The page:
In this Livestream, we discuss sensitivity in communication, inspired by Jane Austen's famous novel Sense and Sensibility. We touch upon it briefly in our lesson on Pride and Prejudice in Communication, also based on Jane Austen's mastery of social interaction in her novels, but expand upon it in this live conversation.
When engaging in social interaction, what enables effective communication is being attuned to sensitivity. This could be anything from person sensitivities, to cultural sensitivity, to gender sensitivity.
Everyone has their own unique way of communicating and we communicate slightly differently with everyone. There is no one-size-fits-all communication strategy or manner of communicating and part of that is because of different degrees of sensitivity that present themselves in social interaction.
Within the vein of sensitivity, we can't overlook sense and sensibility.
Sense is the emotional reactivity we might have in response to an utterance. With heightened emotions, it's when we react instead of respond. You can also think of sense as emotions and feelings that are present in our communication. Meaning, when you speak, how much feeling are you putting into your words, tonality, and body language. What emotions are you projecting to the interlocutor? Are you happy? Energized? Sad? Upset? Etc.
Sensibility is the logic and reason that we imbue our communication with. If sense is one end of the spectrum, then sensibility is the other end of the spectrum.
Sensitivity in communication allows us to strike the balance between the right amount of sense and the right amount of feeling. Since every social interaction is different, not every communication calls for 50% sense and 50% sensibility. Depending on the context, the content of the message, the participants, and a slew of other factors (see Dell Hymes speaking model), we have to be attuned and sensitive to many things when we communicate. Thus, some interactions might require 70% sense and 30% sensibility whereas other exchanges might require 20% sense and 80% sensibility. It all depends.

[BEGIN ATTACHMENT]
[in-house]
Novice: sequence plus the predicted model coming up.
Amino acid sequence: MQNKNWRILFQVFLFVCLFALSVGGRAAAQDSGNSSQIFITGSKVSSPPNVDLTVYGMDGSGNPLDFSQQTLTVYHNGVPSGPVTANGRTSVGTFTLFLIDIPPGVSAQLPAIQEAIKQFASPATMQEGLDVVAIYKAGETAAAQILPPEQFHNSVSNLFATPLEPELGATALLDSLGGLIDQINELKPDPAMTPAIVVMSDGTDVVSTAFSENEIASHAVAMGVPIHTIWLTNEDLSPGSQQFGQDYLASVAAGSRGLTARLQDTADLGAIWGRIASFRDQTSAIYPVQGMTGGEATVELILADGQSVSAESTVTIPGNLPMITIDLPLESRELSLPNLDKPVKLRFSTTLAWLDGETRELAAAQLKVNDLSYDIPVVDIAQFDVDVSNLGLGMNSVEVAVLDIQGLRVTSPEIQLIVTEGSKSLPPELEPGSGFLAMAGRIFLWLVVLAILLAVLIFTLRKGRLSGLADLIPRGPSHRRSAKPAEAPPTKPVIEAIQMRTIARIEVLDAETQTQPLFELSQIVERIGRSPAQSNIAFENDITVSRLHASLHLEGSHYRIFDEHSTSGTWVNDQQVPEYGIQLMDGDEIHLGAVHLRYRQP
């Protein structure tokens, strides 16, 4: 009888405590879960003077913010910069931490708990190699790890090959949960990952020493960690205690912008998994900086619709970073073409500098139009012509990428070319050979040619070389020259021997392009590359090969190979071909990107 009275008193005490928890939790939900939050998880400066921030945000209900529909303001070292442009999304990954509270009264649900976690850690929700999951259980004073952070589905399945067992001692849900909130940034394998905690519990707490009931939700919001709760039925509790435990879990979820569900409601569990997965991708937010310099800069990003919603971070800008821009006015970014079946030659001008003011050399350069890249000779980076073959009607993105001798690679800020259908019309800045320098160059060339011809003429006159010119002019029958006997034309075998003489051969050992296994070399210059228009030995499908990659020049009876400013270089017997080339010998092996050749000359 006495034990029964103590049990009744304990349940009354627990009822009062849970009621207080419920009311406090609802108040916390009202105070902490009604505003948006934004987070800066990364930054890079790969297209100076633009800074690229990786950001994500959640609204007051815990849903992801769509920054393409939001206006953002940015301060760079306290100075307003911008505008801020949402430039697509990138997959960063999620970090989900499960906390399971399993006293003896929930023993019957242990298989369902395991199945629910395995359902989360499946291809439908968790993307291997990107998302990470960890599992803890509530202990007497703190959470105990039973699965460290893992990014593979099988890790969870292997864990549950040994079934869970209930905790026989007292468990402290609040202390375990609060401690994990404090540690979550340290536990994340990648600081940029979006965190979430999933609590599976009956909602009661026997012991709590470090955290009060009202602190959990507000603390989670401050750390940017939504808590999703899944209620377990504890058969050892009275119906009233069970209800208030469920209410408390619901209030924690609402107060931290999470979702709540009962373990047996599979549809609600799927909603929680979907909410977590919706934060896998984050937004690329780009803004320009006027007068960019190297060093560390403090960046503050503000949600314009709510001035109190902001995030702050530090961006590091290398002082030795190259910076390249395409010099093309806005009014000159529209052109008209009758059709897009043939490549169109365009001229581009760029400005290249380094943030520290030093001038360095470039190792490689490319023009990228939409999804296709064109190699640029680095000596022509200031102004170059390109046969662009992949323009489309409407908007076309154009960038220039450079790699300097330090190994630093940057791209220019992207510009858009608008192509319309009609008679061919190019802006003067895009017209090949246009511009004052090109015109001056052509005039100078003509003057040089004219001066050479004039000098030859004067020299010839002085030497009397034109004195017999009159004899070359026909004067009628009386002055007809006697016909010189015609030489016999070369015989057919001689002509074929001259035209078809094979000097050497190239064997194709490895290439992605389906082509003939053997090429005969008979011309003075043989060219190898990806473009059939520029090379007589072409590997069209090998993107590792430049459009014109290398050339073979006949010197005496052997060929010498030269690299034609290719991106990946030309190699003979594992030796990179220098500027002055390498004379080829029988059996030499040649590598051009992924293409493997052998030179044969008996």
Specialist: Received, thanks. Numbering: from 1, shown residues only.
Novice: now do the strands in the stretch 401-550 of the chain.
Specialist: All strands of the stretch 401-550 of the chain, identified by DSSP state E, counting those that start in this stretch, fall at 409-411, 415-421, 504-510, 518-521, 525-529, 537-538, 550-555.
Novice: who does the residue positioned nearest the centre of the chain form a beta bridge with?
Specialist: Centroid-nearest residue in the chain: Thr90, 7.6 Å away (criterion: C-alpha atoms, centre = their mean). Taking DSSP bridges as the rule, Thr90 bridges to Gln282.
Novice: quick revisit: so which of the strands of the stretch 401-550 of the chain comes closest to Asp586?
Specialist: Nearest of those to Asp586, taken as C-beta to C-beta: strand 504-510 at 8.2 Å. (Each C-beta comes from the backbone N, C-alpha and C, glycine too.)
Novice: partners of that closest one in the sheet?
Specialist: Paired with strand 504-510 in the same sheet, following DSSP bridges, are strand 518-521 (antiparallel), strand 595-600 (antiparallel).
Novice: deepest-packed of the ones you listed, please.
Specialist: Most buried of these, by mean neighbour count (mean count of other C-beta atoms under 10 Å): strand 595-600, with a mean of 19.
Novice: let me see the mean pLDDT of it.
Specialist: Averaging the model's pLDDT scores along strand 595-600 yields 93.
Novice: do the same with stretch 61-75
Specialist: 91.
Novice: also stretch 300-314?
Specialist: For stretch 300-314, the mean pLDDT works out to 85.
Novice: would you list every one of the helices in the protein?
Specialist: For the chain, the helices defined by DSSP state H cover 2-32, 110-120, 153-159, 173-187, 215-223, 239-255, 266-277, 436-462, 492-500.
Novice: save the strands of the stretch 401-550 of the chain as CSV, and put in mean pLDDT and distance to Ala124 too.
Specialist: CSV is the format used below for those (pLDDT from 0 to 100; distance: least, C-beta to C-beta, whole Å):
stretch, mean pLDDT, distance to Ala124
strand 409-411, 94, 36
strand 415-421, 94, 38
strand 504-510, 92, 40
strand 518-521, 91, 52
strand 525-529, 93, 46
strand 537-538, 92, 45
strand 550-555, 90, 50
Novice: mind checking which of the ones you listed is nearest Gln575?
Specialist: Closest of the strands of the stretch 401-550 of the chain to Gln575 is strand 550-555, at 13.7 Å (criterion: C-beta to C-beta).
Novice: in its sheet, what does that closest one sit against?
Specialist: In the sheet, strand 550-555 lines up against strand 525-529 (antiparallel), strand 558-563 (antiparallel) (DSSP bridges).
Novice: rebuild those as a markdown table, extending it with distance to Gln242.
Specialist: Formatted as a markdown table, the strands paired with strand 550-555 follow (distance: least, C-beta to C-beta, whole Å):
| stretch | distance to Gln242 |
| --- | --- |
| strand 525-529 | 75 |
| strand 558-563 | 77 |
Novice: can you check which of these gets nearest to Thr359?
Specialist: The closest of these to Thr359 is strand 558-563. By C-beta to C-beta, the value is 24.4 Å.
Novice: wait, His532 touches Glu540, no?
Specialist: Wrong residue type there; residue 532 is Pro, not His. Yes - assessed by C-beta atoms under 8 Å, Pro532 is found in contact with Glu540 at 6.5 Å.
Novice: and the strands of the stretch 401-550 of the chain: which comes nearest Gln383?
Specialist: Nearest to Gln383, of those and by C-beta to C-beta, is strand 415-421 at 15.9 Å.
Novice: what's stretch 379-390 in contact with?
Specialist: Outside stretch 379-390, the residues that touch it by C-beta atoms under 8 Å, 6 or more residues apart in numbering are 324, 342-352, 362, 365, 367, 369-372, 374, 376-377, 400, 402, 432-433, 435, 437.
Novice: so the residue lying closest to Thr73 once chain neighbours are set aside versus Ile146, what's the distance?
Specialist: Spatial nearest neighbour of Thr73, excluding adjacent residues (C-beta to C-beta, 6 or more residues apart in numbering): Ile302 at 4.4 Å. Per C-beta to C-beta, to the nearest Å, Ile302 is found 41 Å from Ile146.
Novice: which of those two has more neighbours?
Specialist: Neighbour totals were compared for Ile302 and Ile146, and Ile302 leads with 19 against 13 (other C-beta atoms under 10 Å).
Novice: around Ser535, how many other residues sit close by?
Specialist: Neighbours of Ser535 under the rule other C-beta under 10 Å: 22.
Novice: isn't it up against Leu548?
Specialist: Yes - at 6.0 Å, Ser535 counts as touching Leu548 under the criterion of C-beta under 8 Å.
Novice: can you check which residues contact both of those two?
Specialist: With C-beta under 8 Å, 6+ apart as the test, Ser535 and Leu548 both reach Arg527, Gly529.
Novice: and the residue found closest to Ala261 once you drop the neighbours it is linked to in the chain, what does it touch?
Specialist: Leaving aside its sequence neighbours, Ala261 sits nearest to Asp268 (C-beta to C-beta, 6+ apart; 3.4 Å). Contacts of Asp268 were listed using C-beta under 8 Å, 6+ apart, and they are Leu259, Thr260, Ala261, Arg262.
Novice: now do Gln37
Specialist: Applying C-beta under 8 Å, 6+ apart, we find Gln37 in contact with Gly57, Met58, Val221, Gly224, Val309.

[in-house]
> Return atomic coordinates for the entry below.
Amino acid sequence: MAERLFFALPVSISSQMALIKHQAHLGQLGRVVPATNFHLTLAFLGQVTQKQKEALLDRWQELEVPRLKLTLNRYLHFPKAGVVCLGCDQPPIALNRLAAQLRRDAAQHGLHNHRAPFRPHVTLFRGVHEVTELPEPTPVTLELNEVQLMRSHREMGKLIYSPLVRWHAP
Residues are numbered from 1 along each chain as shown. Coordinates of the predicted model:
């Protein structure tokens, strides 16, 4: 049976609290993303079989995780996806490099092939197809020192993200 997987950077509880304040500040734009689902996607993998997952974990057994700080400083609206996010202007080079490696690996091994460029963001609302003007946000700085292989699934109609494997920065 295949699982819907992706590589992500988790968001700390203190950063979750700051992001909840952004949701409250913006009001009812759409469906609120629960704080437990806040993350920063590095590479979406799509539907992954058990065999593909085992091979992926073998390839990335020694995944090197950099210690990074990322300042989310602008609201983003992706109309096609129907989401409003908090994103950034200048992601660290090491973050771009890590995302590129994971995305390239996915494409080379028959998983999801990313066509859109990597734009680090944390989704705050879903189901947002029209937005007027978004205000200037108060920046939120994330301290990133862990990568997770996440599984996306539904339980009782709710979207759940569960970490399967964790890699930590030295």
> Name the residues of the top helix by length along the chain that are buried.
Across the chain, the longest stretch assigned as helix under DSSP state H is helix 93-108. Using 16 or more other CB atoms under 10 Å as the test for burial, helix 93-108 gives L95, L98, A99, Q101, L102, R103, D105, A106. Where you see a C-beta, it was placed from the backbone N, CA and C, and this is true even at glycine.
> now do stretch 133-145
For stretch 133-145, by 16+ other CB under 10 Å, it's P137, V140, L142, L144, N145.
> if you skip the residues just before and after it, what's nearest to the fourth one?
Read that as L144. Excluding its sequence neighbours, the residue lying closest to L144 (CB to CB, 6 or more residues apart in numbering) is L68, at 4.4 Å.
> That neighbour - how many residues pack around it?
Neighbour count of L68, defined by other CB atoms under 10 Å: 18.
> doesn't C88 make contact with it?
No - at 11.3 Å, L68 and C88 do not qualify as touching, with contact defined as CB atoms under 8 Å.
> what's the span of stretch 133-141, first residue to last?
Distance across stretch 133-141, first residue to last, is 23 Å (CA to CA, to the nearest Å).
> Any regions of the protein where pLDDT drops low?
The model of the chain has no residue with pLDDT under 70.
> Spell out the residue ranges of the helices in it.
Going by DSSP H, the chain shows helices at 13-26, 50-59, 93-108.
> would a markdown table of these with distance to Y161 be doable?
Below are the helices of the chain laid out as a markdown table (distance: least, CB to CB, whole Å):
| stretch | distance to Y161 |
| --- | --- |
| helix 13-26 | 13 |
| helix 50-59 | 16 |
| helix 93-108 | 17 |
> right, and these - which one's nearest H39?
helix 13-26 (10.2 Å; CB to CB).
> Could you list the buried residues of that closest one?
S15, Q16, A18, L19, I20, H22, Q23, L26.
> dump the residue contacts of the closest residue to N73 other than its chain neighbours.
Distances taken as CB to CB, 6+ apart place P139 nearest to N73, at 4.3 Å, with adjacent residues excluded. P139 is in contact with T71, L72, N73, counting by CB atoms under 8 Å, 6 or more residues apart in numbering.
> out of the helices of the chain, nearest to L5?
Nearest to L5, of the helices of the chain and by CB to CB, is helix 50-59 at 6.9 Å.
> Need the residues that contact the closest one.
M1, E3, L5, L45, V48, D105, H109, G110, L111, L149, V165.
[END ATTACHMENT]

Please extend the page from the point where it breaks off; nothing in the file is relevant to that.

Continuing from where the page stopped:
Being sensitive in communication and receptive to how the other person is engaging with you in the conversation will help you refine your message and delivery.
Sensitivity in communication allows us to find the correct balance for each and every one of our communication exchanges during social interaction.
If we are 100% sense or 100% sensibility in our utterances, then we find ourselves on either end of the spectrum. And that can be problematic because:
Too much sense without feeling can be reactive and emotionally unstable.
Too much sensibility without feeling could result in monotone, insensitive, and robotic communication exchanges.
Instead, aim to have a little bit of both - even though it won't necessarily be an even split - some of each is better than none at all.
To quickly recap:
Sense in communication is about using common sense, reading the room, understanding the situation, having an open mind and heart. It's what allows us to be amenable to changing our minds about something/someone and enables us to give someone the benefit of the doubt.
Sensibility in communication is using logic and reason to guide our interactions. It's about using facts, seeking a rational approach to understanding the situation, and not letting emotions cloud judgment or permeate our communication.
Think of sense and sensibility as two ends of a spectrum with sensitivity as being attuned enough to seek the balance of these two elements.
Humans are complex social creatures. Approaching social interaction with more sense and sensibility enables us to be attuned to the sensitivity of the person we are communicating with. By attuning ourselves to their sensitivities, our message is transmitted more successfully, thereby allowing us to communicate more effectively.
In the Livestream we delve into the following:
- How much of sense and/or sensibility is too much, how to strike the right balance
- Sensitivity to culture, gender, stereotypes, religious beliefs, traditions, subculture.
- Is there such thing as being overly sensitive as the speaker?
- Is there such thing as being overly sensitive as the listener?
- What are some challenges you’ve faced with sensitivity?
See you in the next one!
Happy Explearning ⚡